Dr. José Gámez gets well-deserved community engagement award

Nov 4, 2015 | Events

Dr. Gámez and associates

Dr. Gámez, second from left, receives his award

UNC Charlotte faculty and staff work closely with University City Partners to help us achieve our mission. Because of that, we enthusiastically share the news that one of our campus friends has been honored for his work here and across the region.

Dr. José Gámez, associate professor of architecture and urban design and the director of the City.Building.Lab, recently received the 2015 Provost’s Faculty Award for Community Engagement.

This annual award honors a tenured faculty member whose teaching, research and service embody the university’s commitment to civic involvement, and whose work profoundly and systematically affects the relationship between UNC Charlotte and the larger community in a positive and meaningful way.

Dr. Gámez was honored for his work in the Community Planning Workshop, which he co-teaches with Dr. Janni Sorensen of the Department of Geography and Earth Sciences; his contributions to the Sustainable Communities Regional Planning Initiative; and his role in the development of the Mobile Arts & Community Experience (MAX) in the College of Arts + Architecture.

“He encourages students to see design as a transformational activity that addresses power dynamics and inequality,” reads the citation.

Dr. Gámez’s dedication to improving the community has benefited University City, as well. He serves on the UCP Planning and Development Committee and collaborates with us and other partners on innovative projects that seek to transform our central business and university district into a national model for urban livability.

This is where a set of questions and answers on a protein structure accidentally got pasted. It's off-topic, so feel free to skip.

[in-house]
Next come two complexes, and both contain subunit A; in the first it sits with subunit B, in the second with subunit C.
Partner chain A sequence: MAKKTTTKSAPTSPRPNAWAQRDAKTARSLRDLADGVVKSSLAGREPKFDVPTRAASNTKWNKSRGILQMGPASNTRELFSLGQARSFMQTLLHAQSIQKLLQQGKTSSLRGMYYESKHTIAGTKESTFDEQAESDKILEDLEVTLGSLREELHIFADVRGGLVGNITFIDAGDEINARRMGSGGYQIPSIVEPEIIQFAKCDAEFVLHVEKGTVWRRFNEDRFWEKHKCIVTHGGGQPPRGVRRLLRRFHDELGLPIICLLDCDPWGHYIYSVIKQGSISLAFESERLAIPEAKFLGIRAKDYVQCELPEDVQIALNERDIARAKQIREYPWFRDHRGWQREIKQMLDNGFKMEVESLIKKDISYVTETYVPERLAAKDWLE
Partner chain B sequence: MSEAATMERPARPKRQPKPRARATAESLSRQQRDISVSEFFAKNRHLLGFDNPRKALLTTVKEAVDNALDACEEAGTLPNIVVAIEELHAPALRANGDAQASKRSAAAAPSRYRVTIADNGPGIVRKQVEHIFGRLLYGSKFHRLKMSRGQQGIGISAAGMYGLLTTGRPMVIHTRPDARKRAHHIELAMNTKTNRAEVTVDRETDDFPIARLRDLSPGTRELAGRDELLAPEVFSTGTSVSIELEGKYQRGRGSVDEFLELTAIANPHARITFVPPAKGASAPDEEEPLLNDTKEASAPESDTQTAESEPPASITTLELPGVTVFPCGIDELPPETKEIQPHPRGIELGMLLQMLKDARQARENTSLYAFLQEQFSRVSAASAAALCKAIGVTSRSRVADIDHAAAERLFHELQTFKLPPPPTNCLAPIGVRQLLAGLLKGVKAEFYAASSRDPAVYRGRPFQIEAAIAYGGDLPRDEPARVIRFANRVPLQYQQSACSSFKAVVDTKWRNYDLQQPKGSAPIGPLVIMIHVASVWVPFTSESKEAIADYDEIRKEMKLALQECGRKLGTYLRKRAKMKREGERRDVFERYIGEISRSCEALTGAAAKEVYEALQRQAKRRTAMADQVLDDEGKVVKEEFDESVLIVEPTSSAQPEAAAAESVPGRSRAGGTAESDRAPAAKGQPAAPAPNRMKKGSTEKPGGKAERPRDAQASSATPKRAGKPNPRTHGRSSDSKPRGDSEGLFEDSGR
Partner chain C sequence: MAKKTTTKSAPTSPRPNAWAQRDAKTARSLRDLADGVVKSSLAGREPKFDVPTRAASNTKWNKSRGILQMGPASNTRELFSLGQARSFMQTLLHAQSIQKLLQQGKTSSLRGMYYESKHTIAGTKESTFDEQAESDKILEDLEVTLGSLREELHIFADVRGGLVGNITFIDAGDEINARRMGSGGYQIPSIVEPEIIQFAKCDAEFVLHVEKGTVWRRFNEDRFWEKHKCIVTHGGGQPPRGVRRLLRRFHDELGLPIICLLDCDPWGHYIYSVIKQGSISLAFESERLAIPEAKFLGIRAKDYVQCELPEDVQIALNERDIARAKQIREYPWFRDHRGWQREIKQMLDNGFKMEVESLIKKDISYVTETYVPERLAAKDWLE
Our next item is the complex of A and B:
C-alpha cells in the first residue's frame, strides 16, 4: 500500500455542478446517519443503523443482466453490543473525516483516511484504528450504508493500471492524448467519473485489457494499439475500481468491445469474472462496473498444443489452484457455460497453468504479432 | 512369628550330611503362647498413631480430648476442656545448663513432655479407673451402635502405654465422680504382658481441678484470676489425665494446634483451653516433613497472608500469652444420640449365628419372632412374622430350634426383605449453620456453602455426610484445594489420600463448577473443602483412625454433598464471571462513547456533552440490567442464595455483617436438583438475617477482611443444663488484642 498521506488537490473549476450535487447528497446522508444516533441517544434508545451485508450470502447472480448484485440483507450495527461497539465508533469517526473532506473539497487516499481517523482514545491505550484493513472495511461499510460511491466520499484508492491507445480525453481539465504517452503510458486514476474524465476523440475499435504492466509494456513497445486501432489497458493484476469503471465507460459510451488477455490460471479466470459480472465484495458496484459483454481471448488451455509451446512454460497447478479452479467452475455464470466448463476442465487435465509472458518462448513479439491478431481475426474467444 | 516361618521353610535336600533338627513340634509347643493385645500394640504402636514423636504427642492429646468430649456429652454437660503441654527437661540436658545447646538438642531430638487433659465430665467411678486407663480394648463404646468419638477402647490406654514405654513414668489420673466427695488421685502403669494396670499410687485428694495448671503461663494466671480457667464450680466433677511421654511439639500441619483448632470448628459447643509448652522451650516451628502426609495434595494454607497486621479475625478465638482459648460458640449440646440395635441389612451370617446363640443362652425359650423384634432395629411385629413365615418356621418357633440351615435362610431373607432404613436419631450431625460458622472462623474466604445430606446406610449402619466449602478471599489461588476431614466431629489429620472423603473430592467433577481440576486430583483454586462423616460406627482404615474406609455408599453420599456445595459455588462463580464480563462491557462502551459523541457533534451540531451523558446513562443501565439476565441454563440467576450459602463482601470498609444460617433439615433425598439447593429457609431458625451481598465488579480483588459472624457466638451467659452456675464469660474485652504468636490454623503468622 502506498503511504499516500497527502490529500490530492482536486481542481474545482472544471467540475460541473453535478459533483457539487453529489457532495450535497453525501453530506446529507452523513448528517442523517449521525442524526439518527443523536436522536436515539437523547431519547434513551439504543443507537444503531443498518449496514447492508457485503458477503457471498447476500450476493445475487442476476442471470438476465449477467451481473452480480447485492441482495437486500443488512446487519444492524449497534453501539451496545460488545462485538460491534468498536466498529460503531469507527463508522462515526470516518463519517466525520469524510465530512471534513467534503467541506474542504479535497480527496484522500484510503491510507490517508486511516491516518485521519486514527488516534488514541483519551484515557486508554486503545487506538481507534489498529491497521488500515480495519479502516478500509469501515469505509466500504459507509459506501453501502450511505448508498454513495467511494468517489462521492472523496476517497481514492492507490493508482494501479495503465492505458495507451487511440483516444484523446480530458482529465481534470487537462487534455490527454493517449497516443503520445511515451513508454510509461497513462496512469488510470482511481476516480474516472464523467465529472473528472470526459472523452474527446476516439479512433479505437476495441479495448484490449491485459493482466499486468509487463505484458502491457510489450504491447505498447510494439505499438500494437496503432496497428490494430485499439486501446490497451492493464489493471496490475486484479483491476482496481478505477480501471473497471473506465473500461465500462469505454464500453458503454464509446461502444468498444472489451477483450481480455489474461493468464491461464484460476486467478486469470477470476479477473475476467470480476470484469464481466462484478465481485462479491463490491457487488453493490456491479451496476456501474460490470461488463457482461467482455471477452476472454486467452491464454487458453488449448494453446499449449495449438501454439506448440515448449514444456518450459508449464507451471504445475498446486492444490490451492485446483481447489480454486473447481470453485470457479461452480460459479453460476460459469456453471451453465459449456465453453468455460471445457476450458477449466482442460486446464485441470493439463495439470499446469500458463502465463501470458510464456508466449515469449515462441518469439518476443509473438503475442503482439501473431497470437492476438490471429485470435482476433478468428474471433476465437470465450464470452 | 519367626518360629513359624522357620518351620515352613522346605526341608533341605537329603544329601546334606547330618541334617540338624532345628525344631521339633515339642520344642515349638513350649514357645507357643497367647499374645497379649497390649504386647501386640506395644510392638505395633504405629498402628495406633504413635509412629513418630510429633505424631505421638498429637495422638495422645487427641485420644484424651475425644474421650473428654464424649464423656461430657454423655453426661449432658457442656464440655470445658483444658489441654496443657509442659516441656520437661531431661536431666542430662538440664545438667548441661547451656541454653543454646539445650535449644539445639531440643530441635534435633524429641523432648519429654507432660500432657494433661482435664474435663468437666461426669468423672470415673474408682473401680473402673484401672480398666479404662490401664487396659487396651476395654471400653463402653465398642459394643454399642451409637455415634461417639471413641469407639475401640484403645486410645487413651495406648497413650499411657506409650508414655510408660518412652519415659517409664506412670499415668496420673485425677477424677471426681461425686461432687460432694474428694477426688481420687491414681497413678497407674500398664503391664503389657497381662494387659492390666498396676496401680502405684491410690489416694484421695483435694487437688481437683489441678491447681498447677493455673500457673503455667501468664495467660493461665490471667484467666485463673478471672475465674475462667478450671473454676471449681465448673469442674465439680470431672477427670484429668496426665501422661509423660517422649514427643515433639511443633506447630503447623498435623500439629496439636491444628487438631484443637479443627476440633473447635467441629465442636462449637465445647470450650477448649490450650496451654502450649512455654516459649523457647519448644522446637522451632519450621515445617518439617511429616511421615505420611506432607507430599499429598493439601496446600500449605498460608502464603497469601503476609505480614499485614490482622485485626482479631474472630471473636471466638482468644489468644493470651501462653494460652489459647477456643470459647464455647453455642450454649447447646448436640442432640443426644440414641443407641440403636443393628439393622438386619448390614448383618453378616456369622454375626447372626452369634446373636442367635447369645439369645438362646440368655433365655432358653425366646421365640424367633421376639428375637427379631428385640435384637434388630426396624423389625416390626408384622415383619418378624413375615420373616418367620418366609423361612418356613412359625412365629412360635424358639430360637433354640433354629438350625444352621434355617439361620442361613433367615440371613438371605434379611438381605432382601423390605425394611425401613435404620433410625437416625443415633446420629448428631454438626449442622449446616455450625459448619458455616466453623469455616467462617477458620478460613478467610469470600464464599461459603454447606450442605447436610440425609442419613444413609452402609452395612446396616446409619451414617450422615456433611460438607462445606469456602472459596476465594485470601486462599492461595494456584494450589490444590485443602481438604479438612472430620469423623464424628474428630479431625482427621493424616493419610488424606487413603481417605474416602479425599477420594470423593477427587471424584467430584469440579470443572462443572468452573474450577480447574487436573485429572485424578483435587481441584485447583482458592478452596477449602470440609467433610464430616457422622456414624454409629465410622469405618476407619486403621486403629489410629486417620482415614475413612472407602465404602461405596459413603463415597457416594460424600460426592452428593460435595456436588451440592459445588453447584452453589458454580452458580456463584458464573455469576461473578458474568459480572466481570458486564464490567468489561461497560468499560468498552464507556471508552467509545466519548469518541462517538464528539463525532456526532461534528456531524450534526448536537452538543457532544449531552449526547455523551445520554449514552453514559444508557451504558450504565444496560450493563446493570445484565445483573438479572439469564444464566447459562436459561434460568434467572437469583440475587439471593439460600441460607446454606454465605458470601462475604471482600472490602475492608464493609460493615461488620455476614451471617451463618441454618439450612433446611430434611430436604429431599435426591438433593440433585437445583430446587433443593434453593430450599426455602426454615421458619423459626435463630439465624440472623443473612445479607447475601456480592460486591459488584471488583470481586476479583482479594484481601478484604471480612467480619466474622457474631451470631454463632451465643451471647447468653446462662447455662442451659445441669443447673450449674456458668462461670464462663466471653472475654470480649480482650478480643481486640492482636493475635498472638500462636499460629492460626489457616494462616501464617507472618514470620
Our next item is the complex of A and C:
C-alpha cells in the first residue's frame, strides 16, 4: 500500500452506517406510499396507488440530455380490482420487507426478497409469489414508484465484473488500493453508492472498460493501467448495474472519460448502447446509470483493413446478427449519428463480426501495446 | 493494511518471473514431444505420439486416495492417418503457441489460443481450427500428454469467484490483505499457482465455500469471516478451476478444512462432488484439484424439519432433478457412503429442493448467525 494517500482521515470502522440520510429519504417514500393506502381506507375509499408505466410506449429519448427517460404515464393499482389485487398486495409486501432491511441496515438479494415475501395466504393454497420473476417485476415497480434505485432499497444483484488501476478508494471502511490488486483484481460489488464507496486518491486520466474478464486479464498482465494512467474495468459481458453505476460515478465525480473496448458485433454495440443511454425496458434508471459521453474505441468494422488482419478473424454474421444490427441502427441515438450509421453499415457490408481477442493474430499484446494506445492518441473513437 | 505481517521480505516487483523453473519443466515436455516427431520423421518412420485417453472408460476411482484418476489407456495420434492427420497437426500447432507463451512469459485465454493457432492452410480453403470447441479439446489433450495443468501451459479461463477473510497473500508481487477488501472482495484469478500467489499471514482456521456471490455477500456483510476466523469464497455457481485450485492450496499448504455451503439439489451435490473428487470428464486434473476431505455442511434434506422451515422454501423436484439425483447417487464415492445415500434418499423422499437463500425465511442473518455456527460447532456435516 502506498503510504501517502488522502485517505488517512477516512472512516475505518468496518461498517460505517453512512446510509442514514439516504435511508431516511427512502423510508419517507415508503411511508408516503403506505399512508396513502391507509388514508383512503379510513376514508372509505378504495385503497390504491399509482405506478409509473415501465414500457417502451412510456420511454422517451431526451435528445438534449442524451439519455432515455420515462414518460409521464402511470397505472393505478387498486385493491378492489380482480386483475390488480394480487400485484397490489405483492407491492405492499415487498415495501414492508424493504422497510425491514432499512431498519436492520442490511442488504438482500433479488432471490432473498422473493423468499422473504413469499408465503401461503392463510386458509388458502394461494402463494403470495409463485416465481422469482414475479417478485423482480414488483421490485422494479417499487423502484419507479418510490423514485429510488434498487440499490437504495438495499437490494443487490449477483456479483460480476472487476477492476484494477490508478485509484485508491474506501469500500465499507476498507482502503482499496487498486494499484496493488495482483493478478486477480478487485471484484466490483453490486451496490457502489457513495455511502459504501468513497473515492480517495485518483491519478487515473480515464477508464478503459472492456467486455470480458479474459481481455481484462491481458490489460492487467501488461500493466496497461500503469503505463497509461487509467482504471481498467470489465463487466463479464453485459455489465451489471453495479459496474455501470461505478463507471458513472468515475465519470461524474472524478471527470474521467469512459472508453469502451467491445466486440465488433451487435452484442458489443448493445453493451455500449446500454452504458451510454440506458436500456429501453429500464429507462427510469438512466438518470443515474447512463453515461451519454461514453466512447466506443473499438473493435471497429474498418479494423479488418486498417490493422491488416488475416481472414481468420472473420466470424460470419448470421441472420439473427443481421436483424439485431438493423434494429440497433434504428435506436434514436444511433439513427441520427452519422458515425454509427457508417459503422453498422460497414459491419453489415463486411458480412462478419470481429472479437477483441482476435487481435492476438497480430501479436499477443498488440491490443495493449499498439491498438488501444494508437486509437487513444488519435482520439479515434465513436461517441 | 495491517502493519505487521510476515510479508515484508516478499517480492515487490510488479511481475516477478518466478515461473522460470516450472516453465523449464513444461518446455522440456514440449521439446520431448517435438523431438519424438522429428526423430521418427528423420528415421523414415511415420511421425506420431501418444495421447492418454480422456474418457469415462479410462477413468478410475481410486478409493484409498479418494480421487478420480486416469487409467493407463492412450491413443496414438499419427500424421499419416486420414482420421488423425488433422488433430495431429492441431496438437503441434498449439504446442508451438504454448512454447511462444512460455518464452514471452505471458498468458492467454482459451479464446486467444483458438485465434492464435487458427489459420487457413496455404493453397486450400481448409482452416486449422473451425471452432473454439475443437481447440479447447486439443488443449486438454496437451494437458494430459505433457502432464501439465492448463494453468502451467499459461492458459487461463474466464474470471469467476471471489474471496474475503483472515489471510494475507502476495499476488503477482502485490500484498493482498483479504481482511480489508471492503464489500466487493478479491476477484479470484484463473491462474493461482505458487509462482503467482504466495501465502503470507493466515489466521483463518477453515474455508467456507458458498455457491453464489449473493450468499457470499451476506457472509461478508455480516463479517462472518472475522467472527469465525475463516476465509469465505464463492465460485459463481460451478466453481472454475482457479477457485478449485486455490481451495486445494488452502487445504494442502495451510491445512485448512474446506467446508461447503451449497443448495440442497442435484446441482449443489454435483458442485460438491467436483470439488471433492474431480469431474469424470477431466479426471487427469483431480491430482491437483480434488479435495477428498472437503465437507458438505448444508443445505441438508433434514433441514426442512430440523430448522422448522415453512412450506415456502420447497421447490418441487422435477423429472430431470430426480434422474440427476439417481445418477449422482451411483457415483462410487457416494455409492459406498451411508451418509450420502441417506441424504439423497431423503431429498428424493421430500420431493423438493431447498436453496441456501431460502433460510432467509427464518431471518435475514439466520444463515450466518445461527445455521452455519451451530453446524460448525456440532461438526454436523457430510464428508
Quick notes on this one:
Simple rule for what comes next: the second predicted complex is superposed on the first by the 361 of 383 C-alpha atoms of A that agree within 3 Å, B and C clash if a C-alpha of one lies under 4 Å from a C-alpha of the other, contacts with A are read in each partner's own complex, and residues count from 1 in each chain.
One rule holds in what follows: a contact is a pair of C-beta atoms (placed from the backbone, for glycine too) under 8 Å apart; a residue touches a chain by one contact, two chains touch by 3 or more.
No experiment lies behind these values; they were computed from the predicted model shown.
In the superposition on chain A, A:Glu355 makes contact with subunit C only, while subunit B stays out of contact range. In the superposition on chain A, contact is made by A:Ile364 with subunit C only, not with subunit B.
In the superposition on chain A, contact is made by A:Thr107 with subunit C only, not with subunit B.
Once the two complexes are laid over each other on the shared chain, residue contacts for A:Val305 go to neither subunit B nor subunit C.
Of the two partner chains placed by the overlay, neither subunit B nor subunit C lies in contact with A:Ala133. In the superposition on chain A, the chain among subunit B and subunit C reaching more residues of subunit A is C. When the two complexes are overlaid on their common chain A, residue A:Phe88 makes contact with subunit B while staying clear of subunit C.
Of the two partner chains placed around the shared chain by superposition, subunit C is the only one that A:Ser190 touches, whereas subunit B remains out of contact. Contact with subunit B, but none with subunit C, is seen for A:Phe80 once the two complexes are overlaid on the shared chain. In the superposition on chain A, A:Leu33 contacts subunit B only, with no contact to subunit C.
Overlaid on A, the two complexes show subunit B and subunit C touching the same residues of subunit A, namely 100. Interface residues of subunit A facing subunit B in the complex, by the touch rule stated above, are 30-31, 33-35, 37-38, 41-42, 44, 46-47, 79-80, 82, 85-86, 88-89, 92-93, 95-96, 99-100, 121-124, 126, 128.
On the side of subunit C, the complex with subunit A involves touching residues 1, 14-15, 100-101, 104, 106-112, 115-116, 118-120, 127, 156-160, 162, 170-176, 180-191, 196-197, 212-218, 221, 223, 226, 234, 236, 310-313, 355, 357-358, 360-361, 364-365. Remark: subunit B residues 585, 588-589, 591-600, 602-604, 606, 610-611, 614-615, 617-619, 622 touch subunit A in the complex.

Helping us build our future city around open space

How does a suburb preserve open space while becoming its own city? How does a parks department generate data to justify its parks and programs? UCP Executive Director Darlene Heater and the Mecklenburg County Parks Director Jim Garges separately approached Gámez last year for help with these questions.

His answer has become a three-year partnership that harnesses the intellectual power and fresh outlooks of urban-design students enrolled in the School of Architecture’s Master of Urban Design Program. Starting last spring, three successive groups of students are exploring how to meld open space and urban development along the future North Tryon Street light-rail corridor.

Helping guide the project are Richard Petersheim, a partner and senior landscape architect at LandDesign, and Ming-Chun Lee, assistant professor of architecture and urban design at UNC Charlotte.

The Spring 2015 students gathered data, looked at problems such as creating open space along a crowded commercial strip and considered how they would manage environmental issues such as urban runoff into nearby streams. Students in years two and three will build upon the work of the previous teams.

Heater expects the project to benefit greatly from the students’ wealth of fresh ideas and enthusiasm. “This is an out-of-the-box approach to addressing a city-building need,” she said.

Next up – creating a vibrant campus community

NC State University has Hillsboro Street. UNC-Chapel Hill has Franklin Street. UNC Charlotte has … TBD with help from University City Partners, the College of Arts + Architecture, the Belk College of Business and the Department of Geography and Earth Sciences.

“We hear over and over again how UNC Charlotte is missing the activity and retail center that other schools have for their students,” Heater said. Earlier this year, she approached Dr. Gámez for ideas on how to address that need.

His answer is UCP’s new partnership with UNC Charlotte to identify three-four good locations for a student/community retail and activity center, provide the demographics to interest businesses, recommend building sizes and create building designs. Students will do much of the work, with guidance from their professors. “I am hoping they can create a mix of businesses that will also serve the broader University City community,” Heater said.


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